EXTENDED RANGE FORECAST OF ATLANTIC SEASONAL HURRICANE ACTIVITY AND LANDFALL STRIKE PROBABILITY FOR 2012
We anticipate that the 2012 Atlantic basin hurricane season will have reduced activity compared with the 1981-2010 climatology. The tropical Atlantic has anomalously cooled over the past several months, and it appears that the chances of an El Niño event this summer and fall are relatively high. We anticipate a below-average probability for major hurricanes making landfall along the United States coastline and in the Caribbean. However, coastal residents are reminded that it only takes one hurricane making landfall to make it an active season for them, and they need to prepare the same for every season, regardless of how much activity is predicted.
Information obtained through March 2012 indicates that the 2012 Atlantic hurricane season will have less activity than the median 1981-2010 season. We estimate that 2012 will have about 4 hurricanes (median is 6.5), 10 named storms (median is 12.0), 40 named storm days (median is 60.1), 16 hurricane days (median is 21.3), 2 major (Category 3-4-5) hurricanes (median is 2.0) and 3 major hurricane days (median is 3.9). The probability of U.S. major hurricane landfall is estimated to be about 80 percent of the long-period average. We expect Atlantic basin Net Tropical Cyclone (NTC) activity in 2012 to be approximately 75 percent of the long-term average.
This forecast is based on a new extended-range early April statistical prediction scheme that utilizes 29 years of past data. Analog predictors are also utilized. We anticipate a somewhat below-average Atlantic basin hurricane season due to a combination of an anomalously cool tropical Atlantic and the potential development of El Niño. Coastal residents are reminded that it only takes one hurricane making landfall to make it an active season for them, and they need to prepare the same for every season, regardless of how much activity is predicted.
Currently, SSTs are generally 0.0°C – 0.5°C below average across most of the eastern and central tropical Pacific, except for the extreme eastern part of the tropical Pacific where SSTs are above average. Table 7 displays January and March SST anomalies for several Nino regions. Note that the central and eastern tropical Pacific has experienced considerable warming since January.
Table 7: January and March SST anomalies for Nino 1+2, Nino 3, Nino 3.4, and Nino 4, respectively. March-January SST anomaly differences are also provided.
There is considerable uncertainty as to what is going to happen with the current weak La Niña event. The spring months are known for their ENSO predictability barrier. This is when both statistical and dynamical models show their least amount of skill. This is likely due to the fact that from a climatological perspective, trade winds across the Pacific are weakest during the late spring and early summer, and therefore, changes in phase of ENSO are often observed to occur during the April-June period. By August-October, several models are predicting El Niño conditions to develop, while the rest predict ENSO-neutral conditions (Figure 9). We find that, in general, the European Centre for Medium-Range Weather Forecasts (ECMWF) shows the best prediction skill of the various ENSO models.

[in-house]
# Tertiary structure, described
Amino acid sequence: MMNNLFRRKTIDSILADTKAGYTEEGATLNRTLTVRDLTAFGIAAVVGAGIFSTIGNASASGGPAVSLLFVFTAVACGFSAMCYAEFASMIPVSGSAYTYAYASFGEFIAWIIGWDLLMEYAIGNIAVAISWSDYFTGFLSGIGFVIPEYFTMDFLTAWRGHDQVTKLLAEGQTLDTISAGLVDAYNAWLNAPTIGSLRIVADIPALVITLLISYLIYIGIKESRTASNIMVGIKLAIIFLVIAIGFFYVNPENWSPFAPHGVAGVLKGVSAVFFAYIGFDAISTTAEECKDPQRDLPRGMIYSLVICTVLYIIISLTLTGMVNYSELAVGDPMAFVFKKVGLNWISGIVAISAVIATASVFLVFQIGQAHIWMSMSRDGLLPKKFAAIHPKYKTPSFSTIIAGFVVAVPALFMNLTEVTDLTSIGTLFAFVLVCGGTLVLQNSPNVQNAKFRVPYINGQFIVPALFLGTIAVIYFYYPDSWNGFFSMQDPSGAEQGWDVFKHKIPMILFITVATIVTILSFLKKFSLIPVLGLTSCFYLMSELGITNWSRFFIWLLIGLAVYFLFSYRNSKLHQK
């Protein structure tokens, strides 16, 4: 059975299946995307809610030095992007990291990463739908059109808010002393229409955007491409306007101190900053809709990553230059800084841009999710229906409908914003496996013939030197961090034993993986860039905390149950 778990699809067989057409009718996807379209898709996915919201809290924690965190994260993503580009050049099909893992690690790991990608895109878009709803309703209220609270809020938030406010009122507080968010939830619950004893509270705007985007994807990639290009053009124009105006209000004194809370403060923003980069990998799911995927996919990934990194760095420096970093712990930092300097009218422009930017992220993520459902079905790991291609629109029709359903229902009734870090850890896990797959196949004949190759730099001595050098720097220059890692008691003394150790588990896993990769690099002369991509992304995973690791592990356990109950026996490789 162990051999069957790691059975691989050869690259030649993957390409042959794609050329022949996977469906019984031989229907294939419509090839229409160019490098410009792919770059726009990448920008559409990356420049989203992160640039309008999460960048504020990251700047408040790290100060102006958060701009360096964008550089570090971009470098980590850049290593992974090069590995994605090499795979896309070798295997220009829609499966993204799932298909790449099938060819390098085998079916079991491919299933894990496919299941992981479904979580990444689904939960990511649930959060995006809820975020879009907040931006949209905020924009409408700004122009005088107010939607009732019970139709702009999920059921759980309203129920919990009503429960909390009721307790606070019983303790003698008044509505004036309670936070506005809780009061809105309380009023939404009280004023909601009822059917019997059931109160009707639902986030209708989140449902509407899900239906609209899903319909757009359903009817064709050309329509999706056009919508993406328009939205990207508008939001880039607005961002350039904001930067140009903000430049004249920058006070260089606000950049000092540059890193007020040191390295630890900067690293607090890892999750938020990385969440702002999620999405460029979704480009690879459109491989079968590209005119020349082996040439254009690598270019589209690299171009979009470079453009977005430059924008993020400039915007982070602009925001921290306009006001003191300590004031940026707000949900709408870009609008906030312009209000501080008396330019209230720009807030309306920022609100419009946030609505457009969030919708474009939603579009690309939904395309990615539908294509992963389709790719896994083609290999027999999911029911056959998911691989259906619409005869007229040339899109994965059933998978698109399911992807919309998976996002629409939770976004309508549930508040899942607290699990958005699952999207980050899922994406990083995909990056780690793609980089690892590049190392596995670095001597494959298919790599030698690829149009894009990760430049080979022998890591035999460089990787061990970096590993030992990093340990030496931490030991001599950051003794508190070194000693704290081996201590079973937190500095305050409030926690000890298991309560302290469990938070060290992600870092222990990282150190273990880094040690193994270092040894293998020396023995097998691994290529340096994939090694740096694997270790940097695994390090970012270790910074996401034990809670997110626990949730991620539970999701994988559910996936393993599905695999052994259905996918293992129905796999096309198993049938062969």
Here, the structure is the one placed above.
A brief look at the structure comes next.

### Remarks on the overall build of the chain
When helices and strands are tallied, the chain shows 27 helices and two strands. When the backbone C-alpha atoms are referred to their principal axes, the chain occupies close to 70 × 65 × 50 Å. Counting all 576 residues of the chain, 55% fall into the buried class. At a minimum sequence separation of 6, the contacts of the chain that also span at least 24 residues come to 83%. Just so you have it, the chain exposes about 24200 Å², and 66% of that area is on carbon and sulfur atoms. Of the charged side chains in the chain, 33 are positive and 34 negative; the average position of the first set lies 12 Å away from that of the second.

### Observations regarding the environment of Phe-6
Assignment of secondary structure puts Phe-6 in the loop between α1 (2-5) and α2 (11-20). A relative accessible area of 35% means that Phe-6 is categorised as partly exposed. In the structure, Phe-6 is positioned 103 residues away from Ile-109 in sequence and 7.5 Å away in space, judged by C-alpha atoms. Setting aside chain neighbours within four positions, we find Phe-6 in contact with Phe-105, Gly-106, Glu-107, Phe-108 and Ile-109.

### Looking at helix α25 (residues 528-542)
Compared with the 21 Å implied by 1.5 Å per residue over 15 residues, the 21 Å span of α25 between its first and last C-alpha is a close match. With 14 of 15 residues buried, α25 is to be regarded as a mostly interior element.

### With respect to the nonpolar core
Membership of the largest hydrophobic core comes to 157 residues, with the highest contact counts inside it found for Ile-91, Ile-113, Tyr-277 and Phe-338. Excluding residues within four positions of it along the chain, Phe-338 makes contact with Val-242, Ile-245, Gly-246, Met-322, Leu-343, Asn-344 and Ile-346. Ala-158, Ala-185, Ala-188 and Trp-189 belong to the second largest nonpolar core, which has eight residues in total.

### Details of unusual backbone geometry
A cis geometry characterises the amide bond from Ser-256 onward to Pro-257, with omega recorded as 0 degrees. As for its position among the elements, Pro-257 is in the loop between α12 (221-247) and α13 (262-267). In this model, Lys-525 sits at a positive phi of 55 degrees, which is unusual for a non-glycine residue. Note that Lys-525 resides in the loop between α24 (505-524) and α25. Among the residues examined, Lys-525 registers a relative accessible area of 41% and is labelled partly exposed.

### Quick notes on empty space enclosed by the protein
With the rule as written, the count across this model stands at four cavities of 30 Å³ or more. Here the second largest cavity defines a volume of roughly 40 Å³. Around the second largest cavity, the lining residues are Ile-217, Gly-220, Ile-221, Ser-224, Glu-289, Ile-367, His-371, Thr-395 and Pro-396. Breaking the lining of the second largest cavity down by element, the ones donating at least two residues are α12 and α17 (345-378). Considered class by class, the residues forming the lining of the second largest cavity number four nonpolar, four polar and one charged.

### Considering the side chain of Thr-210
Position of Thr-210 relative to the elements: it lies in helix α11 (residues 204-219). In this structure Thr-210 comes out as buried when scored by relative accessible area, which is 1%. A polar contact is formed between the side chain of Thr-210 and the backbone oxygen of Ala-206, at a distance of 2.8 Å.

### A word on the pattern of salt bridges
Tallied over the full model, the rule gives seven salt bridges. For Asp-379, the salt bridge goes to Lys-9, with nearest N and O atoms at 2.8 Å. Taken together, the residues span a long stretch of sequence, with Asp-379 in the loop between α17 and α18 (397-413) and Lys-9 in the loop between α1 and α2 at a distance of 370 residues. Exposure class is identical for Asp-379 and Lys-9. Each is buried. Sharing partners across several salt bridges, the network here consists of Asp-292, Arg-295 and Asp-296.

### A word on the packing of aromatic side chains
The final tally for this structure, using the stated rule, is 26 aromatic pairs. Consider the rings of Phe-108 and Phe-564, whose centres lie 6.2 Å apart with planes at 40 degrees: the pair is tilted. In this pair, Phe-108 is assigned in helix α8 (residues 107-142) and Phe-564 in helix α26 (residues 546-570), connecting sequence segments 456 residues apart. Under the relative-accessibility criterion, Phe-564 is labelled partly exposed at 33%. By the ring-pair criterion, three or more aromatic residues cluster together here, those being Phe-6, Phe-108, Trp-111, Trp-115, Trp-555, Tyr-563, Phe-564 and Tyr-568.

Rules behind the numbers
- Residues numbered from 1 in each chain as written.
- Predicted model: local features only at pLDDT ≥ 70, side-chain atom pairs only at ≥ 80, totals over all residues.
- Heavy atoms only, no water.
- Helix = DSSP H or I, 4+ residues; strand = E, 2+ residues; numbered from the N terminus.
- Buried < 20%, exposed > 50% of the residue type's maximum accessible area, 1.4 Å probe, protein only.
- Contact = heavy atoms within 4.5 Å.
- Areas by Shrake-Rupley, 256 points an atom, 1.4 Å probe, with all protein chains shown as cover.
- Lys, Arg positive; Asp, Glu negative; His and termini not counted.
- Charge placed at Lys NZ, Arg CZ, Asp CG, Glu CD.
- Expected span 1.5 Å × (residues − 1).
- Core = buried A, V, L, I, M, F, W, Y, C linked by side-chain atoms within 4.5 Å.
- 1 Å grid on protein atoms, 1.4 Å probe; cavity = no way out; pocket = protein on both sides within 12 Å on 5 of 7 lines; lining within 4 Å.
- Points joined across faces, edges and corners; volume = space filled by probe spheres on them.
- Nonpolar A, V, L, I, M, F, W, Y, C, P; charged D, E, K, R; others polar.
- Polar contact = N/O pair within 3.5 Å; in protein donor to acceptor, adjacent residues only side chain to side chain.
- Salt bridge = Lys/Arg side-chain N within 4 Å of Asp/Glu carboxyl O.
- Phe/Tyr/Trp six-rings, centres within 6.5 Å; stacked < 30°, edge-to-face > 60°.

The correlation skill between a 1 March forecast from the ECMWF model system 3 and the observed September Nino 3.4 anomaly is 0.71, based on hindcasts/forecasts from 1982-2010, explaining half of the variance in Nino 3.4 SST. The ECMWF has recently upgraded to system 4, which is likely to have even better skill than the previous version. The hindcast skill from ECMWF is very impressive, considering that the prediction goes through the springtime predictability barrier. The average of the various ECMWF ensemble members is calling for a September Nino 3.4 SST anomaly of approximately 0.8°C, giving us increased confidence in our expectation for a weak El Niño by the peak of the hurricane season in September.
Approximately 2/3 of the ECMWF ensemble members are calling for SSTs to approach El Niño levels (anomaly >= 0.5°C) by September (Figure 10).
Figure 9: ENSO forecasts from various statistical and dynamical models. Figure courtesy of the International Research Institute (IRI). By August-October, several models are calling for El Niño conditions while the rest are calling for ENSO-neutral conditions to be present.
ATLANTIC BASIN SEASONAL HURRICANE FORECAST FOR 2012
Forecast Parameter and 1981-2010
Median (in parentheses)
4 April 2012
Named Storms (NS) (12.0) 10
Named Storm Days (NSD) (60.1) 40
Hurricanes (H) (6.5) 4
Hurricane Days (HD) (21.3) 16
Major Hurricanes (MH) (2.0) 2
Major Hurricane Days (MHD) (3.9) 3
Accumulated Cyclone Energy (ACE) (92) 70
Net Tropical Cyclone Activity (NTC) (103%) 75
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